Nissan Wins Japanese Industry Prize for Hybrid Technology

Written By Thomas Ponco on Friday, March 30, 2012 | 4:00 AM

The first Sports Cars are considered to be (though the term would not be coined until after World War One) the 3 litre made in 1910 Vauxhall 20 hp (15 kW) and 27/80PS Austro-Daimler (designed by Ferdinand Porsche).

Published March 30, 2012


By Huw Evans


In Japan, Nissan Motor Co has been awarded the Contribution Prize of the Ichimura Prizes in Industry.



Hosted by the New Technology Development Foundation, the Ichimura Prizes in Industry award is now in its 44th year and is given to domestic individuals or organizations that show outstanding leadership in the field of new technologies.



This year, thanks to its one-motor, two-clutch parallel hybrid system, Nissan was presented with the Contribution Prize, being the only automaker to win such an award so far in 2012.



Although it started out by adapting Toyota’s own patented hybrid technology for use in Nissan gas-electric passenger vehicles, the Yokohama automaker has been making serious strides in the field of hybrid propulsion technology. Its one motor, two-clutch system was first introduced in the Infiniti M Hybrid and Japanese Domestic Market Nissan Fuga. It sports a 3.5-liter, 302 hp V6 gasoline engine and 50-kw electric motor integrated into the car’s automatic (not CVT) transmission and has been designed to combine V8 performance with four-cylinder fuel economy (approximately 24/32 miles per gallon city/highway).



Two clutches, one mounted between the engine’s crankshaft and electric motor; the other in the rear of the transmission, enable the gas engine to “de-couple” under deceleration or when the vehicle is operating in electric mode, while still providing the extra performance when needed.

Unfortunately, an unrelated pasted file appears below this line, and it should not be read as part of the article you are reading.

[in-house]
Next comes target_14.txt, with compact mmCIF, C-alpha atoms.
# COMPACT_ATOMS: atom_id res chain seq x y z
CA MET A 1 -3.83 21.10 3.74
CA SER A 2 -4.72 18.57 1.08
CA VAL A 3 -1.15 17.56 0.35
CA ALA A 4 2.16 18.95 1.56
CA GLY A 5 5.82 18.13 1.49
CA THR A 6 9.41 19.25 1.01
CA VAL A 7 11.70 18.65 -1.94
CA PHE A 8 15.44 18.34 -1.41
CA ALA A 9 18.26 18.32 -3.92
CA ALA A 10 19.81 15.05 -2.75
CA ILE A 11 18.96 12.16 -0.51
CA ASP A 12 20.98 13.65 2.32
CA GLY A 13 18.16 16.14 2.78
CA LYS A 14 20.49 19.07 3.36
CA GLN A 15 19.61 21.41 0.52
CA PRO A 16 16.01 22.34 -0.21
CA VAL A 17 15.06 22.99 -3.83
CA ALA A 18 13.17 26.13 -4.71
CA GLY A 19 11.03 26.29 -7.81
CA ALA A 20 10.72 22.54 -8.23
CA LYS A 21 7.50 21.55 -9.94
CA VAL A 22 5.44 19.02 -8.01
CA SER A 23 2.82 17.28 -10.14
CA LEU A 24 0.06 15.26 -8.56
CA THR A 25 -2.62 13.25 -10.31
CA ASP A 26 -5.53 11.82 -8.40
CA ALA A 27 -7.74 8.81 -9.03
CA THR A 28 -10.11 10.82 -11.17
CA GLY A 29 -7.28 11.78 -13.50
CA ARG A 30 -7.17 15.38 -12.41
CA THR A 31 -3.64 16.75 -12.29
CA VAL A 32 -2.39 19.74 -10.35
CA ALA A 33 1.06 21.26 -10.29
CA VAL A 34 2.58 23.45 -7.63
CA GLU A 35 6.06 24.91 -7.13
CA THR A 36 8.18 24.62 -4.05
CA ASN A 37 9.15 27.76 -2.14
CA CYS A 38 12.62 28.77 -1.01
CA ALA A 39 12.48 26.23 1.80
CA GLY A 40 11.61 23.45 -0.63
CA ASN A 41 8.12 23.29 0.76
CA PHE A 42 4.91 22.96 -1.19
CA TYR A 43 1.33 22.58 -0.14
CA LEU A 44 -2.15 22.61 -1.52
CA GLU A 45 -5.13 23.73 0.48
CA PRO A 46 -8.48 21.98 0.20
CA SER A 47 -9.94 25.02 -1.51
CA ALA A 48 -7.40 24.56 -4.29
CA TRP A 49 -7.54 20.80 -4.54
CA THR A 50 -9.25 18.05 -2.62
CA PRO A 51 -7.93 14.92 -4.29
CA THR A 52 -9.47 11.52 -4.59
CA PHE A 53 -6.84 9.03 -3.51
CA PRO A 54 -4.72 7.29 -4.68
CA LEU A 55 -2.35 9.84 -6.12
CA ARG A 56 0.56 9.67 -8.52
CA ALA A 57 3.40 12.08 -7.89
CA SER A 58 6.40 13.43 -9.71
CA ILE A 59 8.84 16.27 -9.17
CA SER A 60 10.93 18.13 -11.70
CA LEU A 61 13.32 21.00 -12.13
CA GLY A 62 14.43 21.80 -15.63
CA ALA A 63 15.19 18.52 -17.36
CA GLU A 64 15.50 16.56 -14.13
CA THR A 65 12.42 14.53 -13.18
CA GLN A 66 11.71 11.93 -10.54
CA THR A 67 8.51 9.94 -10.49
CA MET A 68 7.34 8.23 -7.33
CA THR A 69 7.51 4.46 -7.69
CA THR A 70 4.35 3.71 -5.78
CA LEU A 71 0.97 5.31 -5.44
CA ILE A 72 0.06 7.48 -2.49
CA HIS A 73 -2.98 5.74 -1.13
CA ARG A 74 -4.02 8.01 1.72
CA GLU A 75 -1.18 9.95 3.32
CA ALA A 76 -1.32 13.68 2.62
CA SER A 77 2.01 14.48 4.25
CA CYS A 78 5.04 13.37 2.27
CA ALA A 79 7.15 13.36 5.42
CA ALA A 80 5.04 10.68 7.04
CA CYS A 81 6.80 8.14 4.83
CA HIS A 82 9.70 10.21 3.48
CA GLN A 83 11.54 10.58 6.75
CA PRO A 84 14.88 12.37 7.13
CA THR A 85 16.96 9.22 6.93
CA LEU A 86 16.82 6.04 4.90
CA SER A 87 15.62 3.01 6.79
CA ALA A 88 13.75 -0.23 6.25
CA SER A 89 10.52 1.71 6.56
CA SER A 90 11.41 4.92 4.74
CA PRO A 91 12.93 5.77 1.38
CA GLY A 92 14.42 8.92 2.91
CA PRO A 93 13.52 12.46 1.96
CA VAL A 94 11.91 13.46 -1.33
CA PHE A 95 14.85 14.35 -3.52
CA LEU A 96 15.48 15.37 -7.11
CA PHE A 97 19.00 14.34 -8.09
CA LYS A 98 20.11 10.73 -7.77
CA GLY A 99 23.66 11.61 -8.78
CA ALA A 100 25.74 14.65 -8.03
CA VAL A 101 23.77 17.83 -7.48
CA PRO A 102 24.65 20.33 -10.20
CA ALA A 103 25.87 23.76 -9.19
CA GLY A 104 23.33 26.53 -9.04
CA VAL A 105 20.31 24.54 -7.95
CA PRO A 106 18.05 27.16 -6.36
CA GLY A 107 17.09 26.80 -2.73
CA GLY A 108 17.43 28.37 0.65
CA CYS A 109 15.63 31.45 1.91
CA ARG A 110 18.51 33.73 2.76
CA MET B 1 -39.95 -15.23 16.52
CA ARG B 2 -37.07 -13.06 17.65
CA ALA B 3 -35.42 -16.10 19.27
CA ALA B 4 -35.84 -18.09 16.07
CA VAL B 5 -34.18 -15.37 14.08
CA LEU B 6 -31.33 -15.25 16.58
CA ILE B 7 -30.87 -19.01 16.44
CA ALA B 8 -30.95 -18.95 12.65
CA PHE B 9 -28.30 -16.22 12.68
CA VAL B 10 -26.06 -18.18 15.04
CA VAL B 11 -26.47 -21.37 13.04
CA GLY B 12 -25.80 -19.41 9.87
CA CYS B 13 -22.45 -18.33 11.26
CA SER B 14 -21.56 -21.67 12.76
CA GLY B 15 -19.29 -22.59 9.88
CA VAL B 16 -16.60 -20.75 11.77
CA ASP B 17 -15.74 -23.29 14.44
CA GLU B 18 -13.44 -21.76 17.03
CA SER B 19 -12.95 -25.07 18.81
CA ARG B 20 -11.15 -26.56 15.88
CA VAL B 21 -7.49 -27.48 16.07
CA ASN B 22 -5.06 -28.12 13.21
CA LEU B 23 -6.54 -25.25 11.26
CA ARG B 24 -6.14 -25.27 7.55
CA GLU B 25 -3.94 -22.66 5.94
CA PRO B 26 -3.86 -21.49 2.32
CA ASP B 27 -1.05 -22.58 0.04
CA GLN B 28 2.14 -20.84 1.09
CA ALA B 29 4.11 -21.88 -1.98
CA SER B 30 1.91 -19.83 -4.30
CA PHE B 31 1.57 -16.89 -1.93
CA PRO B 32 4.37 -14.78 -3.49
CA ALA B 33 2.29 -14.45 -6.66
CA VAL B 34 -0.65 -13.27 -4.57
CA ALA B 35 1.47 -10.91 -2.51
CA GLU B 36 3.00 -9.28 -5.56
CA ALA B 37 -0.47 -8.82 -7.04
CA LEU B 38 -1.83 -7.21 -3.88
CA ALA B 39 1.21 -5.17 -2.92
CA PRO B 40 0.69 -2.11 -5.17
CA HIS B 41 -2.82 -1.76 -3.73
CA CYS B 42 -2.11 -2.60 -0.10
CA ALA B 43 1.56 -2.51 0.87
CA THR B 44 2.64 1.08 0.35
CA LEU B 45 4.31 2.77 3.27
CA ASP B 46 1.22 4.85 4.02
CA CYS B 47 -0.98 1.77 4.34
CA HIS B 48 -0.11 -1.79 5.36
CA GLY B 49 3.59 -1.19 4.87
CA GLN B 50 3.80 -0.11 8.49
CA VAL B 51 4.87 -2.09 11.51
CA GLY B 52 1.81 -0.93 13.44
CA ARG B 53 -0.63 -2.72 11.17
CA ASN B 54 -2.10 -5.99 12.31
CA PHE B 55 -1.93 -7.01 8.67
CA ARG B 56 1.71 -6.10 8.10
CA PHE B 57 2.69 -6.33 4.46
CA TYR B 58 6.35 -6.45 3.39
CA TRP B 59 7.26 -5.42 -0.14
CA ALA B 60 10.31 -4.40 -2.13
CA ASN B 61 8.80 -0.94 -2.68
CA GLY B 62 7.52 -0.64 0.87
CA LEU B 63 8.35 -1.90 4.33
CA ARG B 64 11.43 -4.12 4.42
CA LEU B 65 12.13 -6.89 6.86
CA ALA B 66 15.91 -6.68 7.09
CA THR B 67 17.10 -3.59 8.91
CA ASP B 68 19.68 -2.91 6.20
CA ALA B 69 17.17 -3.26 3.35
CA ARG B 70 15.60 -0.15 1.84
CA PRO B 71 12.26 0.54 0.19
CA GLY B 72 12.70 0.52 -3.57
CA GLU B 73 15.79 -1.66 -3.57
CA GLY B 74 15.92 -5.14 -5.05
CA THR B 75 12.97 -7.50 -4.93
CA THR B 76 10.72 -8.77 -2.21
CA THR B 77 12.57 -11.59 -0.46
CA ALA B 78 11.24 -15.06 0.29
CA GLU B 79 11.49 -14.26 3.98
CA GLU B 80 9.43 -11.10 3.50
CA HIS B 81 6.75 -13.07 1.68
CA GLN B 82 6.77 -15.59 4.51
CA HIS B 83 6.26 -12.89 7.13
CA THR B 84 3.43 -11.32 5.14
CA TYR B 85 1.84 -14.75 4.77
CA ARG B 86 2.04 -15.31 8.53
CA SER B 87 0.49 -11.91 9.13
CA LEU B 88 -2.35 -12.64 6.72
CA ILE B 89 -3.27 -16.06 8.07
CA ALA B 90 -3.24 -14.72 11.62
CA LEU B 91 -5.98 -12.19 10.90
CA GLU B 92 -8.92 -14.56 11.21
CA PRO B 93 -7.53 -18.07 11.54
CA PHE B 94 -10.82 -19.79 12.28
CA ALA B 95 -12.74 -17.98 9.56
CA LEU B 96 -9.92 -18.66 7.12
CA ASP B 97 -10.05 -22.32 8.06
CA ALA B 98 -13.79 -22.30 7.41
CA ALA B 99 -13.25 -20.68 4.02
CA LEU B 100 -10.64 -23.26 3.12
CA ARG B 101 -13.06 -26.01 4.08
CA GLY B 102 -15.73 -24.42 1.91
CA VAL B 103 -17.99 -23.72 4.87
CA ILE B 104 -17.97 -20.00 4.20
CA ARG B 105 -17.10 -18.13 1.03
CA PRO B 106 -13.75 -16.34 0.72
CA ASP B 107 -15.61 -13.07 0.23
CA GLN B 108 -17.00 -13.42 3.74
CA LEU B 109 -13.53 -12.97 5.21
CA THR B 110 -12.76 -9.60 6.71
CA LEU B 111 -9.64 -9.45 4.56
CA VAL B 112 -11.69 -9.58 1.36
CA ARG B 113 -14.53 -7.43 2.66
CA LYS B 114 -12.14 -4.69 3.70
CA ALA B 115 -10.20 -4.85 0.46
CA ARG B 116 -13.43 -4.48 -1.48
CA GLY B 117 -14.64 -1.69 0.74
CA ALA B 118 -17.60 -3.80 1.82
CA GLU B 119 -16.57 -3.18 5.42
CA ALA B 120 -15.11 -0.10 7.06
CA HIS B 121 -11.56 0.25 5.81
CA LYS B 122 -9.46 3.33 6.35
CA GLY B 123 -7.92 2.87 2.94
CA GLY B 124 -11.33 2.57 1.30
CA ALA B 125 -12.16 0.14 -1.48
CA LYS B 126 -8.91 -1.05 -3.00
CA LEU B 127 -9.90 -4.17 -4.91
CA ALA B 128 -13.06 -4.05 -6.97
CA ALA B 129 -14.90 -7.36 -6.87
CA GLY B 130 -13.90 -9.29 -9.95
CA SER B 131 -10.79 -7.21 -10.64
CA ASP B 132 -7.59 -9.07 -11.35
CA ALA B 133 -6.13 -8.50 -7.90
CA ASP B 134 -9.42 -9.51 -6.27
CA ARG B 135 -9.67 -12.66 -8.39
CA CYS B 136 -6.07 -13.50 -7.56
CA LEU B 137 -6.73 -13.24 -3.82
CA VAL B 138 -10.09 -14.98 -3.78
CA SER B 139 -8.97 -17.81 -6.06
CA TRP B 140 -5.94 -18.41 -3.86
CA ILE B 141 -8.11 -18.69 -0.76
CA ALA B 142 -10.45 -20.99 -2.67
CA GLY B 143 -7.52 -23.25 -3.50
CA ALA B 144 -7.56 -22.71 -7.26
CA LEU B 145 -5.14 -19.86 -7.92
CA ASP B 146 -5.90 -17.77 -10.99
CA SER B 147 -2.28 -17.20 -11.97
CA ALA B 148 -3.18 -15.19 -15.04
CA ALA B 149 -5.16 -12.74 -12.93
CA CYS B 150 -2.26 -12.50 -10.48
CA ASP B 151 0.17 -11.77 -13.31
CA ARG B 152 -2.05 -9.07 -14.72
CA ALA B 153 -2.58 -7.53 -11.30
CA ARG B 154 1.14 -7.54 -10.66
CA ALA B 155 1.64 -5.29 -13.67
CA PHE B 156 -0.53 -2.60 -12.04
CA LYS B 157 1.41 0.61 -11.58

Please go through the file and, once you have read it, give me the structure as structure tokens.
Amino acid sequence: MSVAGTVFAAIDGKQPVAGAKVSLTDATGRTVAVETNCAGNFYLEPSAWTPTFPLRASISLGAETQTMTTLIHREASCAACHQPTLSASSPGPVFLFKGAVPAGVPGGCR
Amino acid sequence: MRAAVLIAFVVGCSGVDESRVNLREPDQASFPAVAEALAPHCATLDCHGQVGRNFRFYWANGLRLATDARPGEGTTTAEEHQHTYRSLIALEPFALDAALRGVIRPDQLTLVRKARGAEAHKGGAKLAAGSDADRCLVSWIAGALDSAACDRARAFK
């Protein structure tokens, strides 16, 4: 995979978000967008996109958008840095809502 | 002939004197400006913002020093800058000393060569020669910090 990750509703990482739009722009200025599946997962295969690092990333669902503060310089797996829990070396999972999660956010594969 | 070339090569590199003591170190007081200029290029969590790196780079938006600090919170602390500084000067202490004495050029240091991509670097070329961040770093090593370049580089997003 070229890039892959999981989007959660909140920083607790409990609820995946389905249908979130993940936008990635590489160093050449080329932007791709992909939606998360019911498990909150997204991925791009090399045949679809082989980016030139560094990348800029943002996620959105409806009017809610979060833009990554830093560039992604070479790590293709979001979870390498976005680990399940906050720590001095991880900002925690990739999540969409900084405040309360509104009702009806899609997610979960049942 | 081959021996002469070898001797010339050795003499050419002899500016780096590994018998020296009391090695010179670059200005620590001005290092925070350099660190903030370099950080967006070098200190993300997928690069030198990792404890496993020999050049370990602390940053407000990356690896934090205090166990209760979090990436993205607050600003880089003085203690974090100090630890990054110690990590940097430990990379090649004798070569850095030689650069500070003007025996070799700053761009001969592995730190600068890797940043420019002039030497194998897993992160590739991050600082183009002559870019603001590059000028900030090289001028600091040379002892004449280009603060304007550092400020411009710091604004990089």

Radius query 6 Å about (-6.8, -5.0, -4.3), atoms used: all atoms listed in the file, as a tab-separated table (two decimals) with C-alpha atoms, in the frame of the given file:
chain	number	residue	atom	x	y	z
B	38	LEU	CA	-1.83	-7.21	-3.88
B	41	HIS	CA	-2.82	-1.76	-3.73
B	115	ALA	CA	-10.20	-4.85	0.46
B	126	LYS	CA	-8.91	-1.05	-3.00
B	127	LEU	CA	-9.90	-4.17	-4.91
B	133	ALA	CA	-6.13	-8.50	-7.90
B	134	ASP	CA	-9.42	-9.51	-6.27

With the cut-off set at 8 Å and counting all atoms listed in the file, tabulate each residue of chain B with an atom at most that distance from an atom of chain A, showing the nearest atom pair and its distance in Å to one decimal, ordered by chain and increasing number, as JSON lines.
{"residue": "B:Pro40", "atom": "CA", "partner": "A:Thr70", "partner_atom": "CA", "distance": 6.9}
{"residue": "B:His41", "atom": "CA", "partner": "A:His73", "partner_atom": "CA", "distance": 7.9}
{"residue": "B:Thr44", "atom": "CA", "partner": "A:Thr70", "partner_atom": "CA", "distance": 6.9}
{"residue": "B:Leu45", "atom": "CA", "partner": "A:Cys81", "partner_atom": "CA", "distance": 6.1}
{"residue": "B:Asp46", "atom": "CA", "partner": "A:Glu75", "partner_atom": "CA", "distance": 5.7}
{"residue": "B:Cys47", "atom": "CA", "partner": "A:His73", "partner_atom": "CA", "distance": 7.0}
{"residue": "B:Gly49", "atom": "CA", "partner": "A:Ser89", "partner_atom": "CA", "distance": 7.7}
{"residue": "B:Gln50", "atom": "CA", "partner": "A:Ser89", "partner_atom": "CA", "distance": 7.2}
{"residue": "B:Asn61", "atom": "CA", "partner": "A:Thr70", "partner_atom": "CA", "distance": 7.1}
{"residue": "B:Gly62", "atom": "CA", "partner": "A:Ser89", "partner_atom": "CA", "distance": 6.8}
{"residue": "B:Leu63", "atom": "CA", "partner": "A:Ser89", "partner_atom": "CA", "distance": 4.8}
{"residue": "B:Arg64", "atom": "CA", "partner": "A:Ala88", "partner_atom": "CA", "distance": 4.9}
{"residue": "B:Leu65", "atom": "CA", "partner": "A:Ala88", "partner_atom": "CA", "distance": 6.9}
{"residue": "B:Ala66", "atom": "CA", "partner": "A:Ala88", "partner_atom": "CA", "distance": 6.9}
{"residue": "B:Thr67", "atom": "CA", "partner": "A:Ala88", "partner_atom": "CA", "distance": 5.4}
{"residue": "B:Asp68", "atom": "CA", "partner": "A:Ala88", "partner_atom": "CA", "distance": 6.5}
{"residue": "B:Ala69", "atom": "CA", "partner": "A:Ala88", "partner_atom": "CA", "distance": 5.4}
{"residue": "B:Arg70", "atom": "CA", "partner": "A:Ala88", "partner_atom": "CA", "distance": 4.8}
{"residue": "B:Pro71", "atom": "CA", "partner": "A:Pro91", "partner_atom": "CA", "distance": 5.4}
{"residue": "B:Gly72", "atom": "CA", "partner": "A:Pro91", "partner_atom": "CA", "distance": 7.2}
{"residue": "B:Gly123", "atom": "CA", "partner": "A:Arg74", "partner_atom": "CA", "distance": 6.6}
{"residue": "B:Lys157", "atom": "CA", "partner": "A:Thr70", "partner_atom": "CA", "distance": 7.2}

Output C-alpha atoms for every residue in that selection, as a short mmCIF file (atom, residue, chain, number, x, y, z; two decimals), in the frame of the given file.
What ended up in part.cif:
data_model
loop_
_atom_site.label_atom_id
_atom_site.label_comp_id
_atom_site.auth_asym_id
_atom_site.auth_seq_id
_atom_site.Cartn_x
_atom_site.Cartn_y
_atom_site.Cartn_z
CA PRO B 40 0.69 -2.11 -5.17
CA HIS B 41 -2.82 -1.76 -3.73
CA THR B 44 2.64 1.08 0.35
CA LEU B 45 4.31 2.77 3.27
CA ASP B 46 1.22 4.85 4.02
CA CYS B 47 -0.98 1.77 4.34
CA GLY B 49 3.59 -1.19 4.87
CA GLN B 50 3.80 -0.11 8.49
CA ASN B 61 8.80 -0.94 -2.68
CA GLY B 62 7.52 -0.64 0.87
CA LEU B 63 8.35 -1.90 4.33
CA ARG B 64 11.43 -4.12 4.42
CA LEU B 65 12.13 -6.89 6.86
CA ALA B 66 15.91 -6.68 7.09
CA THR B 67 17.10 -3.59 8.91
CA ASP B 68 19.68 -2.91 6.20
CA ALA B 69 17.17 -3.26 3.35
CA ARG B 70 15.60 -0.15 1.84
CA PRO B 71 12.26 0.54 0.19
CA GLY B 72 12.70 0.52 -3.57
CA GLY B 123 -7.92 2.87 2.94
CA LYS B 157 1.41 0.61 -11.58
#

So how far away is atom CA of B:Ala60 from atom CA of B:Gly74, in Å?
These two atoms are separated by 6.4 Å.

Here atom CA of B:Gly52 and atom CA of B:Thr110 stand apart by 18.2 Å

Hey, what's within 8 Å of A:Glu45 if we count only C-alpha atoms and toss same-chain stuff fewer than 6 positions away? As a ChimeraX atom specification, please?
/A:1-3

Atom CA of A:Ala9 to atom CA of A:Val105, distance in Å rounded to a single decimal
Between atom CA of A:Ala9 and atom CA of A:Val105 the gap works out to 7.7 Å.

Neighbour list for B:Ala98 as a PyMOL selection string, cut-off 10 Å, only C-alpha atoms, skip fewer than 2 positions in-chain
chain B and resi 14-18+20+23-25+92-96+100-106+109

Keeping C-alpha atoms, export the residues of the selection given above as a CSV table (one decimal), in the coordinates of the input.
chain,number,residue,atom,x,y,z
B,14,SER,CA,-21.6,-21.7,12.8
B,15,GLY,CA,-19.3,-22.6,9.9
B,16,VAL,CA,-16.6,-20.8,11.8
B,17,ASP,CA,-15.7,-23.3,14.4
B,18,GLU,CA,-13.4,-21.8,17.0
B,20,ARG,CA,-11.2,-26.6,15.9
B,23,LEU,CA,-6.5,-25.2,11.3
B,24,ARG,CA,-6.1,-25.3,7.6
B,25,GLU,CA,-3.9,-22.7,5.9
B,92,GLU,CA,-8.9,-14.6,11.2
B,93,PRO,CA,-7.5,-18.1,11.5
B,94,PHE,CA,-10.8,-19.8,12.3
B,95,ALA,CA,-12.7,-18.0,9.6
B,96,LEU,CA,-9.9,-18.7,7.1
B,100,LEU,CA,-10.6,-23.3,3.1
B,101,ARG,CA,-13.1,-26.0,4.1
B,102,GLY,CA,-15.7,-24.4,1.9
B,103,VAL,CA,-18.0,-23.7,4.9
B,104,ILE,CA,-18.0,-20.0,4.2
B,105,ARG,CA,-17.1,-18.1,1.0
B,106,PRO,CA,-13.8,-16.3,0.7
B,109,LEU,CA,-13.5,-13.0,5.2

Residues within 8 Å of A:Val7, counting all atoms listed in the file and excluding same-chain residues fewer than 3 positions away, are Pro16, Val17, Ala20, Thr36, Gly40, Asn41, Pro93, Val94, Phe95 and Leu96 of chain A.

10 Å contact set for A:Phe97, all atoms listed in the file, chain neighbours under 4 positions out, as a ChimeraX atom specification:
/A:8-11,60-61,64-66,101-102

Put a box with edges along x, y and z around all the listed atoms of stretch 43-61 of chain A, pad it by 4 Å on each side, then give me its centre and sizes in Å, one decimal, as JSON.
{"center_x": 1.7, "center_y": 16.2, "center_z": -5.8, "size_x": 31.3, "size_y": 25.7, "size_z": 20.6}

Because the engine can be disconnected, friction and parasitic loss at low speeds and under braking are minimized, boosting electric motor efficiency and thus fuel economy. Using dual clutches dispenses with the need for a torque converter as found in traditional automatics, further reducing parasitic loss and improving throttle response.



The battery pack employed with the one motor, two-clutch system, sports laminated cells and manganese cathodes, which Nissan says is designed to improve temperature regulation and thus prolong battery life – still a major issue with most hybrids and EVs.



Besides winning the Ichimura Contribution Prize, the one motor, two-clutch system was also awarded the Technological Development Award by the Society of Automotive Engineers of Japan last year. So far in 2012, it has also received the Chairman’s Prize by the Japan Society for the Promotion of Machine Industry, as well as the Medal for New Technology by the Japan Society of Mechanical Engineers.



Green Car Congress via Nissan Global






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